GPS Trackers for Dogs: What’s Out There and How to Choose
Does your dog have a habit of disappearing? A GPS Tracker might be a good idea.
GPS trackers have been around for several years, but were initially used just by hunting dogs and weren’t always accurate. Systems have improved significantly over the last few years—and while they may not get you to the exact location of your pet, they’ll get you close enough. “You may just have to knock on a few people’s doors in the area to track down your dog,” says Dr. Sara Ochoa, a small animal and exotic veterinarian in Texas and a veterinary consultant for Doglab.
The most exact GPS trackers available today come with a subscription plan. “This helps you to be able to track in real times and at a more precise location,” says Ochoa. “Some have a trial that will give you a generalized idea of the location of the pet but not as detailed as the plan will provide.”
What’s Available and How to Choose
There are three main types of dog trackers currently available: some that work like mini cell-phones, true GPS systems, and telemetry collars. Each has its own pros and cons—from different prices to range to accuracy.
Regardless what you choose, it will probably change the way your dog’s collar feels to him. To help show him that it’s a good thing, slowly introduce the GPS collar and shower him with treats.
Cell Service GPS Collars (Example: Whistle)
These types of collars are in the $100 to $200 range and are the lowest priced tracking system for dogs, explains Jaimee Alsing, an animal nutritionist and consultant for PurringPal. “These collars work just like a cell phone with GPS, which means they require a monthly subscription and cell service to work,” Alsing says. “If you plan on tracking your dog where there isn’t at least 3G cell service, this type of collar won’t work for you.”
The trackers can be connected directly to your dog’s collar and then to your phone. In addition to providing location, they also collect health information about your dog. “Many people think of these collars a doggy Fitbit,” says Alsing.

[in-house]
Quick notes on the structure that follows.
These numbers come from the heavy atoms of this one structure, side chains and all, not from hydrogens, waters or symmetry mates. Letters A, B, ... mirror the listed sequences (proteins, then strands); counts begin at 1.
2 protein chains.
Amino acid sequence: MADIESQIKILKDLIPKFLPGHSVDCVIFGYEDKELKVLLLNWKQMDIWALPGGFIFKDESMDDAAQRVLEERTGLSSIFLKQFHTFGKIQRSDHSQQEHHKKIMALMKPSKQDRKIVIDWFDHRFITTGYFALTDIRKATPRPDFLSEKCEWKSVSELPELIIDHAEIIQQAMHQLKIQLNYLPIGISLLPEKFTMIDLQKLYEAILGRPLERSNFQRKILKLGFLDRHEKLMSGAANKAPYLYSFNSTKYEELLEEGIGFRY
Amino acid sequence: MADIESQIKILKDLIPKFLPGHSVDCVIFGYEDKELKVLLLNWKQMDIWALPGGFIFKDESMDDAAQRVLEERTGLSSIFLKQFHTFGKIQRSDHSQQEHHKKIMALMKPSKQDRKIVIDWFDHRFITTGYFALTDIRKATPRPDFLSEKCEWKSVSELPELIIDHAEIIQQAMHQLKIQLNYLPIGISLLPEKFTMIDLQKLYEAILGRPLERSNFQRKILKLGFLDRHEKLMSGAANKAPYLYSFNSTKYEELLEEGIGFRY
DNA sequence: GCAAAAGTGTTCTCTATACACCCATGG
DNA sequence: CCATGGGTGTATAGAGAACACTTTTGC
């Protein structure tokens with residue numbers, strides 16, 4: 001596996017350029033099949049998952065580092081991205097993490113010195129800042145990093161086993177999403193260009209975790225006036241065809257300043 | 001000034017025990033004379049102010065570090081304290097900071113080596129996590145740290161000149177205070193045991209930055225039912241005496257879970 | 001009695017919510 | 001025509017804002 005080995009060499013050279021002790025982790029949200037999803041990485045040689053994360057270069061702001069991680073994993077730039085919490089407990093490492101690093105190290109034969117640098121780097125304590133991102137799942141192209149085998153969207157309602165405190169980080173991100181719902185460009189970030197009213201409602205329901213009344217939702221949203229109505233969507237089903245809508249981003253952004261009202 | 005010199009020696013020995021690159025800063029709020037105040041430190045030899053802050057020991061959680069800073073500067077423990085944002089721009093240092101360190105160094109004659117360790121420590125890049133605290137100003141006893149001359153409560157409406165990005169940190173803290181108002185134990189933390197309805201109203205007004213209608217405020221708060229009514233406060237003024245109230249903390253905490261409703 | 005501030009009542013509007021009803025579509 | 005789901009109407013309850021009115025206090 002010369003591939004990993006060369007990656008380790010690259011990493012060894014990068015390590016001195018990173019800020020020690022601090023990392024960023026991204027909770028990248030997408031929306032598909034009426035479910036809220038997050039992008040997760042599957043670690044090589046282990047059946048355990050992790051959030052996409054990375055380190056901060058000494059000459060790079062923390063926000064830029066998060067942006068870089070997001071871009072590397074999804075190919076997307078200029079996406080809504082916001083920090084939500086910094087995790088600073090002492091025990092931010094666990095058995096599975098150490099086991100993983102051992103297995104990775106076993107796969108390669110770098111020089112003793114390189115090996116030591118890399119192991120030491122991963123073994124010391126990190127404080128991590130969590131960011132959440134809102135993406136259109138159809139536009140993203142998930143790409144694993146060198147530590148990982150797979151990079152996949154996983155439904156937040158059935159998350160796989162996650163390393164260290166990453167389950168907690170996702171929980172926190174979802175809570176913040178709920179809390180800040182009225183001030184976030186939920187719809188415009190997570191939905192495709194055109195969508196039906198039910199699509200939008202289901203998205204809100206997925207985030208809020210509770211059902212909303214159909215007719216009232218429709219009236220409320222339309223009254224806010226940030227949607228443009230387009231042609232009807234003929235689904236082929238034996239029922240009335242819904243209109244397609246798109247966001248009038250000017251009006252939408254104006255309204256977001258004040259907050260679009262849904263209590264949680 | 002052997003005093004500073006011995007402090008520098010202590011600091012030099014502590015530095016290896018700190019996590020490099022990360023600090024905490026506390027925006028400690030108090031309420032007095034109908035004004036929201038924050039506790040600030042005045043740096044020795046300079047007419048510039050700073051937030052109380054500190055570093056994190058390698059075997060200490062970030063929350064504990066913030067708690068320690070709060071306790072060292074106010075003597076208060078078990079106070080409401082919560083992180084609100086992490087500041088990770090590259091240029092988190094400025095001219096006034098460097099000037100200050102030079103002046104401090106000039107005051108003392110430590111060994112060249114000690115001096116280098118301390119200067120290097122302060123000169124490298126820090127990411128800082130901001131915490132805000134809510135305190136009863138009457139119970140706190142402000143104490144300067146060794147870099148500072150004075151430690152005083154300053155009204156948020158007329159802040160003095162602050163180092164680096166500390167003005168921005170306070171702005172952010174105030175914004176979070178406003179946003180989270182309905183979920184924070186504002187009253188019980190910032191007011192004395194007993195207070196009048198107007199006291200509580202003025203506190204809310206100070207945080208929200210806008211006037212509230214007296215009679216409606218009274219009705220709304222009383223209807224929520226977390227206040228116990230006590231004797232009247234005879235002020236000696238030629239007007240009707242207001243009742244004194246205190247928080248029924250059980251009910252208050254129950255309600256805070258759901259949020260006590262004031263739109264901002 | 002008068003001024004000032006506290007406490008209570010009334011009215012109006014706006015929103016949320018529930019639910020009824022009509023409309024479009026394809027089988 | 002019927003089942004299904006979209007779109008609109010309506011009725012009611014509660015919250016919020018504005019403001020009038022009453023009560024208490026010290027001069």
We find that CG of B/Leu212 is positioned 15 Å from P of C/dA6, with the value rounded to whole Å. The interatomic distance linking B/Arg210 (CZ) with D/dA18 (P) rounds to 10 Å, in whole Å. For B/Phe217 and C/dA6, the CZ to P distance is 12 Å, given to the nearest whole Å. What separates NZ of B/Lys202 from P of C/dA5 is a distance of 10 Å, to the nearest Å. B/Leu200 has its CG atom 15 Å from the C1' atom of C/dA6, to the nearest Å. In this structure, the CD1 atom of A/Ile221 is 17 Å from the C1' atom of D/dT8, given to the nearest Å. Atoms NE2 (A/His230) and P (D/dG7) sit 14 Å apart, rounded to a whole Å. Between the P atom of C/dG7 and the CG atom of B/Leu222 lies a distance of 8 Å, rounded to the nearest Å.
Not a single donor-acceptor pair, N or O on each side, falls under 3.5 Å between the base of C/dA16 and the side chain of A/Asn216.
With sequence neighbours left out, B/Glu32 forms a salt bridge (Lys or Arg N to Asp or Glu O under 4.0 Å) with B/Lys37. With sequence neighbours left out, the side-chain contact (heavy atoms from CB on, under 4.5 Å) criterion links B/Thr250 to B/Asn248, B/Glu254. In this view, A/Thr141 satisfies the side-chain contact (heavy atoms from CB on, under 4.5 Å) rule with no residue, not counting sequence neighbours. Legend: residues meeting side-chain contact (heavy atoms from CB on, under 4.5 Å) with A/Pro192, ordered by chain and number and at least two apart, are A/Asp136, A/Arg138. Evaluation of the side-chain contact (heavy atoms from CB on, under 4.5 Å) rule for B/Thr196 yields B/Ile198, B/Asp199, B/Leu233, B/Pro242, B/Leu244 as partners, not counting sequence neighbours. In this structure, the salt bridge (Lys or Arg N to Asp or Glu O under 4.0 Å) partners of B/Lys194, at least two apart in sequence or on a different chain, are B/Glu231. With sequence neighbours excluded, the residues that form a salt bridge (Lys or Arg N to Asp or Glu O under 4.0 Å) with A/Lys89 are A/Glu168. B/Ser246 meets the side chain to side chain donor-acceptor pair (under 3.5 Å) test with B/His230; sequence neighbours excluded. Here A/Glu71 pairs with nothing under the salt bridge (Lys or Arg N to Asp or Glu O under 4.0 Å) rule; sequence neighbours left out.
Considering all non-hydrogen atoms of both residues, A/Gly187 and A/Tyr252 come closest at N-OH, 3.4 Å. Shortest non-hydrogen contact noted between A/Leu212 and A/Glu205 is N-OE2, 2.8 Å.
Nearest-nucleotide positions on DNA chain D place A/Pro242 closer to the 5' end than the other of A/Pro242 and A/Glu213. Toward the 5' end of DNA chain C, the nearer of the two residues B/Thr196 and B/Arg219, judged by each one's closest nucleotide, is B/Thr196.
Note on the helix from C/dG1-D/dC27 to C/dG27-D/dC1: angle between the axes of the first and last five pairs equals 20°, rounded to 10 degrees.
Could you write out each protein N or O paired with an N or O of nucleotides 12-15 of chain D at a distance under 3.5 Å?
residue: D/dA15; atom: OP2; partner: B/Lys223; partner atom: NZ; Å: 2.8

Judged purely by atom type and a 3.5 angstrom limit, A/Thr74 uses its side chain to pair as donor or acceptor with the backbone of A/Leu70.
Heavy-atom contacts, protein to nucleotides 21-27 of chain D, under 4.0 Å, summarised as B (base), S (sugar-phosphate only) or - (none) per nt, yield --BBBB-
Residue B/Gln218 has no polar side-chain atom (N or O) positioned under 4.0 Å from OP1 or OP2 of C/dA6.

True GPS Systems (Example: Garmin Astro)
True GPS systems don’t require a subscription, so you pay just once—but it will cost up to $500 for the system. They are a good option for places without cell service.
On the negative side, they’re bulkier and would be uncomfortable for a tiny dog. They can also only track for up to 9 miles away from you. “These systems have a handheld map screen which communicates to your dog’s collar, which gives a real-time location of your dog,” says Alsing. “If they go out of range, the map will show the last place it got a signal from.”
Telemetry Collars (Example: Marco Polo System)
While this might not be the best choice for wandering dogs, they can be enough to keep track of your dog during a hike. These systems are also much less bulky than true GPS, so they’re the best choice for smaller dogs. “They also will work anywhere and do not require cell service or GPS,” according to Alsing. “Signal range depends on the brand, but can be anywhere from 2 to 12 miles from you.” They run between $200 and $350, and don’t require a subscription—making them possibly the cheapest solution in the long run, so long as your dog doesn’t disappear for days on end.
What GPS Collar is right for you?
If you need to be able to track your dog wherever he goes, so long as he’s still within the boundaries of cell service, then a Cell Service GPS Collar is the way to go. It will require a subscription, which pushes the $100 price up to about $350 for 2 years of service, but it works.
If your dog is larger and you will be outside of cell service, then a True GPS is your best bet. It’s going to be a big up-front cost, but with a decent tracking radius, the ability to find where your dog was before you lost his signal, and it working anywhere, a good ol’ GPS is what you want.
If you’re more concerned about your smaller dog running off on a literal rabbit trail while hiking, then a Telemetry Collar is what you want. They don’t require cell service or GPS, but rather it pings between the collar and your handheld locator. If you start with eyes on your dog, you should be able to catch up with him before he runs out of the device’s signal range.